Freedom from monetary deterrents

Vermont’s new law separately requires credit reporting agencies, not data brokers, to offer consumer credit security freezes and unfreezes free of charge. Consumers can already receive their credit report free once per year from each of the three major credit reporting agencies. Additionally, the law requires higher security requirements for authentication to be able to initiate or lift a credit freeze. This law also creates a one-stop shop for credit freezes in which a credit freeze with one credit reporting agency is required to initiated freezes with other credit agencies.

Requirement for information security program

Data brokers are required to develop, implement, and maintain a comprehensive information security program that is written, readily accessible and able to protect personally identifiable information with administrative, technical and physical safeguards appropriate the scope and size of the business. Requirements include:

  • Designation of employees to maintain the program.
  • Privacy risk assessments for reasonably foreseeable internal and external risks to the security, confidentiality, and integrity of any electronic, paper, or other records containing personally identifiable information, with a process for evaluating and improving the effectiveness of the current safeguards for limiting such risks.
  • Record keeping for disciplinary measures for violations of the comprehensive information security program rules.
  • Data minimization and limited employee access to records.
  • Management of third-party vendors.
  • Regular monitoring, review, and update the security program.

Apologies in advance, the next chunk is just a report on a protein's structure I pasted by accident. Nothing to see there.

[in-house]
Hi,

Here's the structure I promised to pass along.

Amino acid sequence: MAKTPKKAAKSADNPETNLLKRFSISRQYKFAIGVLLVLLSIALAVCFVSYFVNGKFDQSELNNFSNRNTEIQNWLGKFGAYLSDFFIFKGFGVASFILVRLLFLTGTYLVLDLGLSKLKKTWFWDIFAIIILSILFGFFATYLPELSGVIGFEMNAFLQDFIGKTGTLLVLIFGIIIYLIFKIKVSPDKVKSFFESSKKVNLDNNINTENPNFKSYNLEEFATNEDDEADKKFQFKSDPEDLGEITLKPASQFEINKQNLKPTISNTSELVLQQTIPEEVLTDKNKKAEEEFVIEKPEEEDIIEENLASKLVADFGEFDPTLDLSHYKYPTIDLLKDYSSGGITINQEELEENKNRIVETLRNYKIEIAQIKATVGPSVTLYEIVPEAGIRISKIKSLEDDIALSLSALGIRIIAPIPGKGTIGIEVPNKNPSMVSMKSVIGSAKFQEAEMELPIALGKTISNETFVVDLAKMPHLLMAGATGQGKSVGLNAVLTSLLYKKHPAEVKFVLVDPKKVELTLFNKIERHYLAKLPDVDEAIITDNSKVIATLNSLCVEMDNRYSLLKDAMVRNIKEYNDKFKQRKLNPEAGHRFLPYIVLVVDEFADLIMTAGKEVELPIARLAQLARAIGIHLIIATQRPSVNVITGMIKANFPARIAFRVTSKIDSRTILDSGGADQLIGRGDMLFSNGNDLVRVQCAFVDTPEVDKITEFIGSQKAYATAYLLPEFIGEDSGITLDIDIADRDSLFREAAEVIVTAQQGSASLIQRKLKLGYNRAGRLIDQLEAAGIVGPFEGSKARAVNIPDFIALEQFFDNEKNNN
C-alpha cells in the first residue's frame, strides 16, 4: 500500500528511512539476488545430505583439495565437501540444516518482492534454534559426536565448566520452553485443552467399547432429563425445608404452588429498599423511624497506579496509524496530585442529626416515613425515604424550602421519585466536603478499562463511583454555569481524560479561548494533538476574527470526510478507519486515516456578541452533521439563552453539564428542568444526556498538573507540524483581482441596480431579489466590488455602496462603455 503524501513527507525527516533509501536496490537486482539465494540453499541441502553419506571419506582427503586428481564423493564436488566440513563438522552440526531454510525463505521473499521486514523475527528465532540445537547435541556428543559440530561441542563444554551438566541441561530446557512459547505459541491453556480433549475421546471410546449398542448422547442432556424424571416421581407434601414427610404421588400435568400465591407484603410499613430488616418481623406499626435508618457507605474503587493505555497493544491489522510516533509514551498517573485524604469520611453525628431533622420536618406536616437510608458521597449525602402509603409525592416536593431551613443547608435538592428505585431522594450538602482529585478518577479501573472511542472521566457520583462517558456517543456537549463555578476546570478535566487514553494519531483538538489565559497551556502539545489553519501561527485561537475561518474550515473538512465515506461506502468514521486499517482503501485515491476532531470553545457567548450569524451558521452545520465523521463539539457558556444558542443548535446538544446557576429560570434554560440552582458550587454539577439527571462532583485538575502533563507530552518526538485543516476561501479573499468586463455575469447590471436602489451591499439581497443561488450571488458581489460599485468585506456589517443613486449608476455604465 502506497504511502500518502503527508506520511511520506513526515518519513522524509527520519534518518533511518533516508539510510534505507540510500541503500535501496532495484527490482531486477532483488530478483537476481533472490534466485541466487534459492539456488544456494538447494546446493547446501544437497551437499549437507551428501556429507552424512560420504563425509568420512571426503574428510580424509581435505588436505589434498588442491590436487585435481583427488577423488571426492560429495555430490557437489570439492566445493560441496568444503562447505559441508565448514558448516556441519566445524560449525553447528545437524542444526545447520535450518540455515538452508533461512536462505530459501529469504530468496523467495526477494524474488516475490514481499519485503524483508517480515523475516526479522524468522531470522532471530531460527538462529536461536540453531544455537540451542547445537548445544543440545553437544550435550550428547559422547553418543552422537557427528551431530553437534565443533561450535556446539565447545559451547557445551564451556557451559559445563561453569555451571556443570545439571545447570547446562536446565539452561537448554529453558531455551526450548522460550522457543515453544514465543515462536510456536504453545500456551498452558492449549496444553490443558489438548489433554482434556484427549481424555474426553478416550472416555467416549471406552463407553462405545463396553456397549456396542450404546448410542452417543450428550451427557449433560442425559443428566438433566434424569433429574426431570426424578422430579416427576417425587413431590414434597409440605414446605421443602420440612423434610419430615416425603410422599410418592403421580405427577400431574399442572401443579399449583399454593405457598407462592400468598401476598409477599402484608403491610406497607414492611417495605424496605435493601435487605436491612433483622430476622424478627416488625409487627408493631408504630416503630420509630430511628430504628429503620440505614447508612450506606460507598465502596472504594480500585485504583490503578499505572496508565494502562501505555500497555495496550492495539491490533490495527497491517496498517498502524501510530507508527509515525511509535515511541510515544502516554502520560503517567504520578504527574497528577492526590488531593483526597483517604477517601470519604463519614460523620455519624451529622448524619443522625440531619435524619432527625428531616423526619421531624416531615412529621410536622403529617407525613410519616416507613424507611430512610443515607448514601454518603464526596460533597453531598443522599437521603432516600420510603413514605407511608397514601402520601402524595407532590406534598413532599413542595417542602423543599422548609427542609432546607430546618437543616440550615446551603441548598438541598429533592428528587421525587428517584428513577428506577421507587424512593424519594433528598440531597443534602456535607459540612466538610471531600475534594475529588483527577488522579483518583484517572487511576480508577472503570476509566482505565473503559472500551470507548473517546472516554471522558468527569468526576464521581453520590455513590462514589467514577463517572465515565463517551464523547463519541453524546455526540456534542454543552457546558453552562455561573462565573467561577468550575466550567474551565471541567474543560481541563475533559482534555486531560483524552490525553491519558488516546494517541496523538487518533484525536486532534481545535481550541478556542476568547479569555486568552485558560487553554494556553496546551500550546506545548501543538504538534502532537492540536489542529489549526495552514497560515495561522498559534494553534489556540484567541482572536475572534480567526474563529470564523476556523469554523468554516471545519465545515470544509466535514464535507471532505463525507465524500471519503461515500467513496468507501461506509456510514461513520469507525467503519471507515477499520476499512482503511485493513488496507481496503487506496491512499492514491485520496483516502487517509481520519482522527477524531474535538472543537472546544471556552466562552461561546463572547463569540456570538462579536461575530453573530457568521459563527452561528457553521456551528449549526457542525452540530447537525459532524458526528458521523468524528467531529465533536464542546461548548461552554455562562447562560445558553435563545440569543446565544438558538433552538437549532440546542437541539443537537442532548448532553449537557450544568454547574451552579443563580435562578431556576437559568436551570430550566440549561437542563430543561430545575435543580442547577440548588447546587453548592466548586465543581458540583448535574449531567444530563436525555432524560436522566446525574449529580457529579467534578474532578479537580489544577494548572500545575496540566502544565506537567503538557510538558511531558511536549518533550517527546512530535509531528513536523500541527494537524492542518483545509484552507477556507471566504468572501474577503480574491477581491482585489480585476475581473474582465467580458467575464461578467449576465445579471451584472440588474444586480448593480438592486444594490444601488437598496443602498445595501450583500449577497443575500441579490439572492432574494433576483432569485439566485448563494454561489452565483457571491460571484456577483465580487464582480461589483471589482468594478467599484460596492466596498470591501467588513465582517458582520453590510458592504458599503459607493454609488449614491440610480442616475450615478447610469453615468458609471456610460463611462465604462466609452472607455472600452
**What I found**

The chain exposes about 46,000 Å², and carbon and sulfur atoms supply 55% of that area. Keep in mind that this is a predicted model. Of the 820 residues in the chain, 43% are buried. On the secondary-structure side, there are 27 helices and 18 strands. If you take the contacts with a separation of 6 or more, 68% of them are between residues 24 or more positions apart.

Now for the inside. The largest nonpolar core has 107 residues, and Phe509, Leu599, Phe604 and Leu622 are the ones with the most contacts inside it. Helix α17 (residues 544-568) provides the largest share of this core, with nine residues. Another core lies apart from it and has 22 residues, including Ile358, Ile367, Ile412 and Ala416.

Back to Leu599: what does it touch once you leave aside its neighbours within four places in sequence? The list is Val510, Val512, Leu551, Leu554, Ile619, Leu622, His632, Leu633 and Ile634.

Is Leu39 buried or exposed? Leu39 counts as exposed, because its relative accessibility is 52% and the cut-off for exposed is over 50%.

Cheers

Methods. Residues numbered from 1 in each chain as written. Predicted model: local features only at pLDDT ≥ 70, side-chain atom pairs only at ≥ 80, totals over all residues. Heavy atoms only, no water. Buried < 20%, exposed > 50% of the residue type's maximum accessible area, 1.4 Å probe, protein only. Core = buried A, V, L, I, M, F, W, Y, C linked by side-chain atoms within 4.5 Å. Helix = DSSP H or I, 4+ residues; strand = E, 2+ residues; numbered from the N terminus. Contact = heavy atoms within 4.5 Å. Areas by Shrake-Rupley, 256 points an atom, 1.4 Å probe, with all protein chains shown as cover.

• Documenting actions taken in response to security breaches and post-incident reviews.

Additionally, the minimum requirements for the information security program should include computer system requirements for secure user authentication protocols including access controls, secure password requirements, encryption or protocols with a higher degree of security, reasonable monitoring of unauthorized access or use of personally identifiable information, and up-to-date system security software and training for employees. The attorney general may adopt rules to implement the new security provisions.

Enforcement 

H.764 provides a layered effective date in which the findings and intent of the law, elimination of fees for placing or removing a credit freeze, and future report requirements went into effect immediately following its passage. However, data brokers will have until January 1, 2019, to comply with the annual registration, technical requirements and disclosures to consumers as presented in Chapter 62.

Enforcement of data broker registration is regulated by the Attorney General’s Office and can result in civil penalties, action in the Civil Division of the Superior Court to collect penalties, and appropriate injunctive relief. Failure to meet the new security program requirements can be declared “unfair and deceptive act[s] in commerce.” Lastly, an enforcement action must be brought by both the Attorney General. However, private citizens can seek civil action under credit reporting laws.